This past July, the American Society of Clinical Oncology (ASCO) released a new clinical practice guideline that focuses on chronic pain management in adult cancer survivors. A multidisciplinary team of clinicians and researchers developed the guideline to address the lack of effective pain management methodology for treating cancer survivors. Many survivors deal with residual pain from their treatments, and while there are guidelines for managing chronic pain for those undergoing treatment, this is the first guideline specifically targeting post-treatment survivors.
Evidence for the guideline was based off of analyzing studies on chronic pain in cancer survivors. The methods included in the guide consist of a combination of widely-accepted and innovative approaches for pain management, including:
- Screening for pain and recurring symptoms at every appointment
- Prescribing systemic non-opioid analgesics and adjuvant analgesics
- Running trials of opioids in patients who do not respond to more conservative pain management methods
- Understanding the potential for abuse and other adverse effects of certain treatments, specifically opioids
- Providing medical cannabis or cannabinoids where state regulations allow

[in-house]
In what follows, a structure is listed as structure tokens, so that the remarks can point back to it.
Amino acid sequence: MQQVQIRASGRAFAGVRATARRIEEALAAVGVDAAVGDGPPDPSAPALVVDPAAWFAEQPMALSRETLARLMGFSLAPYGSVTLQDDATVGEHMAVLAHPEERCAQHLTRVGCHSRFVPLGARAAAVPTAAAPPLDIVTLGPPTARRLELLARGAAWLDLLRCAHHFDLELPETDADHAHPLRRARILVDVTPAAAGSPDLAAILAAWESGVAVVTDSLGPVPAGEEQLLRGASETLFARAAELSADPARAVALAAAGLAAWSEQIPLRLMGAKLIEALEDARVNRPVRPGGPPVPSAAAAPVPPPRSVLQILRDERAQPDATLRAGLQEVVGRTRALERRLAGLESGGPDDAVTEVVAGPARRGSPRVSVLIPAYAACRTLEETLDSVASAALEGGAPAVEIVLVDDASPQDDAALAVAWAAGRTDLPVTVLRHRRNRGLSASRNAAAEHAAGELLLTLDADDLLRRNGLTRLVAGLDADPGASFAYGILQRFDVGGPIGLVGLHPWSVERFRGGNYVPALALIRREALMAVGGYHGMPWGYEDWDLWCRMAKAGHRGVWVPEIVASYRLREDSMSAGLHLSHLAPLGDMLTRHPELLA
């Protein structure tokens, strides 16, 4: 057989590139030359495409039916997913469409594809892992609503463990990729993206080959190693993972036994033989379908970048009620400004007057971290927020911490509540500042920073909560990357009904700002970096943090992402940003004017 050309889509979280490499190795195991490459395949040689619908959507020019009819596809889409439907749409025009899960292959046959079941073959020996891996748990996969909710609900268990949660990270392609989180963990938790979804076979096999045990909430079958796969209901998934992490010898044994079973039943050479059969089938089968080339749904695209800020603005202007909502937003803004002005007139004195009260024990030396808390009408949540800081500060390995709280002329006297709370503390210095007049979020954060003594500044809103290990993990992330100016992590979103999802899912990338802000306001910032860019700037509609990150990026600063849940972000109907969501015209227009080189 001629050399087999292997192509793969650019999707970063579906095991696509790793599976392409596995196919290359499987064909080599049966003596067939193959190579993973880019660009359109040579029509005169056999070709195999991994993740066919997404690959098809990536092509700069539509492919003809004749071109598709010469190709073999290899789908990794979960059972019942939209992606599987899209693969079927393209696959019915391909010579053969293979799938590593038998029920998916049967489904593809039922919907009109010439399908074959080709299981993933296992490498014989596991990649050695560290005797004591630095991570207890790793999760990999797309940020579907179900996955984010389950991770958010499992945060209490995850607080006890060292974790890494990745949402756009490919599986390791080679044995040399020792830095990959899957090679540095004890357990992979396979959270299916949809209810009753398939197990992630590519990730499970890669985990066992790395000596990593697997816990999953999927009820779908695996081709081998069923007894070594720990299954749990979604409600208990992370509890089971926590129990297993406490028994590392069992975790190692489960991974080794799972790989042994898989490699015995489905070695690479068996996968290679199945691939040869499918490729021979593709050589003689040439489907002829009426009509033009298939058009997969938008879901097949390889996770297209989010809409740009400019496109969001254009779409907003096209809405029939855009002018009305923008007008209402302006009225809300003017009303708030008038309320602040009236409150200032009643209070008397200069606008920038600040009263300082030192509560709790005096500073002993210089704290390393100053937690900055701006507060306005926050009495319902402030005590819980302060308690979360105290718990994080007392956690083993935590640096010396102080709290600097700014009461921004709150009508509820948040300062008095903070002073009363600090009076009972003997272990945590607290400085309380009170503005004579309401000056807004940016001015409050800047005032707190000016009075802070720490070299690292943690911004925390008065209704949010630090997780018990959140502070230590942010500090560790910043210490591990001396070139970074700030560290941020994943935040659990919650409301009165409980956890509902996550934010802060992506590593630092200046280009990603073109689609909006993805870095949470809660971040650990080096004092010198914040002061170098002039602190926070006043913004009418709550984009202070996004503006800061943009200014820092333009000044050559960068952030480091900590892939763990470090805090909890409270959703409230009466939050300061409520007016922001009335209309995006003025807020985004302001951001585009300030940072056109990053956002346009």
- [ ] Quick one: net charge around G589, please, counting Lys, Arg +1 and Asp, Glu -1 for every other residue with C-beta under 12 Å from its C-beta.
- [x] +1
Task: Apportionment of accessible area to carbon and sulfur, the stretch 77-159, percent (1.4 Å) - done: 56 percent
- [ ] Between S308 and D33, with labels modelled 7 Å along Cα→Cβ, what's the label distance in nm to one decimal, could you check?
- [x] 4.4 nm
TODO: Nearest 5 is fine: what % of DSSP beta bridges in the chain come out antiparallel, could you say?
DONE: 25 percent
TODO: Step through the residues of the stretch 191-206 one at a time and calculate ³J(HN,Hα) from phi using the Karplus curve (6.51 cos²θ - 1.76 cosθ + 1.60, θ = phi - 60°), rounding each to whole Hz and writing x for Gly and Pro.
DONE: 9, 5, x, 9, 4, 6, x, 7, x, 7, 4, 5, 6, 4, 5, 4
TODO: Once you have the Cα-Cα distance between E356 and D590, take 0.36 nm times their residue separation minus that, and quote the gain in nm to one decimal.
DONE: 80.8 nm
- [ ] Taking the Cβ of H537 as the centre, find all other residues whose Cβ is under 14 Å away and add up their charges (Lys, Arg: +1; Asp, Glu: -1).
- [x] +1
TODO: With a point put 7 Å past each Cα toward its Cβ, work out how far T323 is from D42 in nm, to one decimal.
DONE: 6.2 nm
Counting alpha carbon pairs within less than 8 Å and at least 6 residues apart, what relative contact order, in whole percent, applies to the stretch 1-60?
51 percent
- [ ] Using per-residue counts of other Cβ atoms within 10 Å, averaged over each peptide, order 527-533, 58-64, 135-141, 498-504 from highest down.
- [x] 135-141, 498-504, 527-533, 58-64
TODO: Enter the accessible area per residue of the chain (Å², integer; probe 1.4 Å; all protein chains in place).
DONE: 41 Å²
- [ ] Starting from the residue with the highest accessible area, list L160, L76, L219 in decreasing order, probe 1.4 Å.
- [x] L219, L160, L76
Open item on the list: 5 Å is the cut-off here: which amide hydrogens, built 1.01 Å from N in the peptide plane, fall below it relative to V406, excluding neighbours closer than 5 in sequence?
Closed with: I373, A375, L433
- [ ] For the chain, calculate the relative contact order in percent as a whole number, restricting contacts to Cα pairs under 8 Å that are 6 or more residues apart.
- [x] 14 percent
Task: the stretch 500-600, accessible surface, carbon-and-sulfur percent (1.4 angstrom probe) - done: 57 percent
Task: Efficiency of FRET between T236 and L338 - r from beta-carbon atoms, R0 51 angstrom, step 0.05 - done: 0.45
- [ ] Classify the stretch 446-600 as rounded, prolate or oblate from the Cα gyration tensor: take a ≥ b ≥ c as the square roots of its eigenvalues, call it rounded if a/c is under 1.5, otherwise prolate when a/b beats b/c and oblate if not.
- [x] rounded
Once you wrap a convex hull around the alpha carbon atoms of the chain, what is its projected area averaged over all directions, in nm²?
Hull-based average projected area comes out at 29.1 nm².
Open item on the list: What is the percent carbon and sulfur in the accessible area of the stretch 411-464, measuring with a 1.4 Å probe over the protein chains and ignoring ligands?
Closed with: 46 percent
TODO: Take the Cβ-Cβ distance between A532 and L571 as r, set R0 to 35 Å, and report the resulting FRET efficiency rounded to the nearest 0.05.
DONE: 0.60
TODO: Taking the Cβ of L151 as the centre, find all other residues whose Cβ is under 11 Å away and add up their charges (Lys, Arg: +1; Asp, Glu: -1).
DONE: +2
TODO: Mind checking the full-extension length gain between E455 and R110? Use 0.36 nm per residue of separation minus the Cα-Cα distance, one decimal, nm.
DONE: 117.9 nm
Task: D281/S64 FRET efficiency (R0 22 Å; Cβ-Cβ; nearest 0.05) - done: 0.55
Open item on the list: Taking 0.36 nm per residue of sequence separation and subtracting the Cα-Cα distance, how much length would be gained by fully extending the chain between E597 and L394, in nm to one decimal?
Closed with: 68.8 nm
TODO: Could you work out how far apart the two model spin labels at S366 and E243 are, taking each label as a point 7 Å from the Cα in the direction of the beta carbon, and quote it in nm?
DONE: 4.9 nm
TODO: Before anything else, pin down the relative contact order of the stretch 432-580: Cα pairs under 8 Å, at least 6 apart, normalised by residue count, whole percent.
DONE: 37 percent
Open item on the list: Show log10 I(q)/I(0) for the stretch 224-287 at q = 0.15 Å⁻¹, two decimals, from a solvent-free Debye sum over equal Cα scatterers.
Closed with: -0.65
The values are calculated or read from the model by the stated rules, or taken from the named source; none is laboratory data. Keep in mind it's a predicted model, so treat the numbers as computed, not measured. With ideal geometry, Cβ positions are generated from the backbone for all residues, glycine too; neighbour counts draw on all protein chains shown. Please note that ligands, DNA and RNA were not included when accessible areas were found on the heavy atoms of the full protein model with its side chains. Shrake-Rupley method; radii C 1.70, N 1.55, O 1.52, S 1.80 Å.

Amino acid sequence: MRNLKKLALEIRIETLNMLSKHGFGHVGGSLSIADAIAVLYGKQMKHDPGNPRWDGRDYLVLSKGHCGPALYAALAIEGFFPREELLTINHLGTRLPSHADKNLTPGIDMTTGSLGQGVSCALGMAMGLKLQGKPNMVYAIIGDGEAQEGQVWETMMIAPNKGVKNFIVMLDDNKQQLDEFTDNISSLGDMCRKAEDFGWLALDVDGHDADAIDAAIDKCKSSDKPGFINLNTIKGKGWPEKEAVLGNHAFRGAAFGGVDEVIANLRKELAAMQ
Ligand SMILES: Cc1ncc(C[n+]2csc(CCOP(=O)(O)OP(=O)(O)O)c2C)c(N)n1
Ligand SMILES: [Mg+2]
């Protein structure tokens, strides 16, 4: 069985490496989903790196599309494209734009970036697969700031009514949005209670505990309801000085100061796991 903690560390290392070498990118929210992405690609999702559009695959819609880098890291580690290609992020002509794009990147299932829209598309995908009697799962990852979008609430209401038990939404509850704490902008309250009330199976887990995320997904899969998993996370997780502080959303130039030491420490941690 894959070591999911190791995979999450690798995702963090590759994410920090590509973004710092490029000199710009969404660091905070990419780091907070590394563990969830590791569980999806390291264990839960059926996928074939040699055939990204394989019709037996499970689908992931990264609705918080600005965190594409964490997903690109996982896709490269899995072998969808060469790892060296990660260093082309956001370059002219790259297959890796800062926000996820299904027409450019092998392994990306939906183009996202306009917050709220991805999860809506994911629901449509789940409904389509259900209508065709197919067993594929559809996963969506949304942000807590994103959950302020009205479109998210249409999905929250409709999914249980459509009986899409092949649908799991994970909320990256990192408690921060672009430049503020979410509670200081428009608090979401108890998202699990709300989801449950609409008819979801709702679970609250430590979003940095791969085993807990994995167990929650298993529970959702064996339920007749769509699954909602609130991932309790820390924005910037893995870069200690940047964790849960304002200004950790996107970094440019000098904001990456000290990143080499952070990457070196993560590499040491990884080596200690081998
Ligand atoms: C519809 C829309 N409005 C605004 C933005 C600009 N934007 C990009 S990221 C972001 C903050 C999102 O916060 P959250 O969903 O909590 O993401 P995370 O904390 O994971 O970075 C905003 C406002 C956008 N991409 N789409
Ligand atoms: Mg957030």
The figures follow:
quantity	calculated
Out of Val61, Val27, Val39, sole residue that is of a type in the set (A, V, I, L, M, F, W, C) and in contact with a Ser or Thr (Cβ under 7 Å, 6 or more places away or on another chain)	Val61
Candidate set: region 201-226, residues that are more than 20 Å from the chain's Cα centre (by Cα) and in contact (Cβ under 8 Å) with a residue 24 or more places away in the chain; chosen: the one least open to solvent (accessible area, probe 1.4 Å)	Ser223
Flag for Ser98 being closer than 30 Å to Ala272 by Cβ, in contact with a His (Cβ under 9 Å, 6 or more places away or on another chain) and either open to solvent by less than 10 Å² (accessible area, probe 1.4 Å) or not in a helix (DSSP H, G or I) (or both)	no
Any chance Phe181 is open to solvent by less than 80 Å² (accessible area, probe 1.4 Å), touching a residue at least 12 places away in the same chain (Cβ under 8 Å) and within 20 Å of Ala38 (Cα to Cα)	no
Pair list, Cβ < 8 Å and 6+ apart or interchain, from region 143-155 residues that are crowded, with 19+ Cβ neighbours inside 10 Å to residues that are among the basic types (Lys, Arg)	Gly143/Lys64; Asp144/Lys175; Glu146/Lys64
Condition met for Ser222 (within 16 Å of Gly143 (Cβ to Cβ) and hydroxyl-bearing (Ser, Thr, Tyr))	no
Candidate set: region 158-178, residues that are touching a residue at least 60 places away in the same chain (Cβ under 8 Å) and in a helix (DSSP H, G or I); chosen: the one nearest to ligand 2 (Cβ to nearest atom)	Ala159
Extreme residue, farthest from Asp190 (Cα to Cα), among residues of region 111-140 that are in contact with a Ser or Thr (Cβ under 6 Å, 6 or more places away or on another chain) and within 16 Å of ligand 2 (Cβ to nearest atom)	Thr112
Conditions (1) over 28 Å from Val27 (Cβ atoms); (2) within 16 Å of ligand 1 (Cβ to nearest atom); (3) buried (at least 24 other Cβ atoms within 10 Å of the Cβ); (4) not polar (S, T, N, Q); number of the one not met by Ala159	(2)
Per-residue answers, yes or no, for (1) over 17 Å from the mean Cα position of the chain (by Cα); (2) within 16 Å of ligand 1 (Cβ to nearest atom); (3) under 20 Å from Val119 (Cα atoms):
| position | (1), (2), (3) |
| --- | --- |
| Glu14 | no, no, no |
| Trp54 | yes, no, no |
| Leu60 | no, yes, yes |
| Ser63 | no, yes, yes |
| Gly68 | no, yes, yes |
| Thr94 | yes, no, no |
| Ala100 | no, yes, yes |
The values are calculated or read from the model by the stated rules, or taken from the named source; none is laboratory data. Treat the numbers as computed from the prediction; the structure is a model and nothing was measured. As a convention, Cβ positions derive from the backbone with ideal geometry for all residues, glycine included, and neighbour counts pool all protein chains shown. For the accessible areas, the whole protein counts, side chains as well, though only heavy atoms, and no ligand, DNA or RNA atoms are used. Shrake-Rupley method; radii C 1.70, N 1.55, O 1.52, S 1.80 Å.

- Applying non-pharmacologic treatments including massage, hypnosis, meditation and other psychological and physical therapies
The guideline will help physicians and caretakers identify pain early in the treatment process and improve survivors’ quality of life. It is part of the renewed focus on survivorship spurred by today’s increasing number of cancer survivors. In June, the National Institutes of Health also issued their own set of guidelines highlighting the need for improved rehabilitation models for survivors. Focusing on rehabilitation and pain management as early as possible after diagnosis paves the way for continued successful outcomes.
Pain management is a crucial aspect of care coordination for cancer survivors. Every patient is different, and a method that does wonders for one patient’s pain may not work at all for another; this is why it’s critical to have an individualized, coordinated approach to treatment. ASCO’s new set of practices provides a wealth of information for clinicians to use when developing treatment plans that focus on the individual and their specific needs for the best possible recovery.
The guideline was published in the Journal of Clinical Oncology. It is available at here.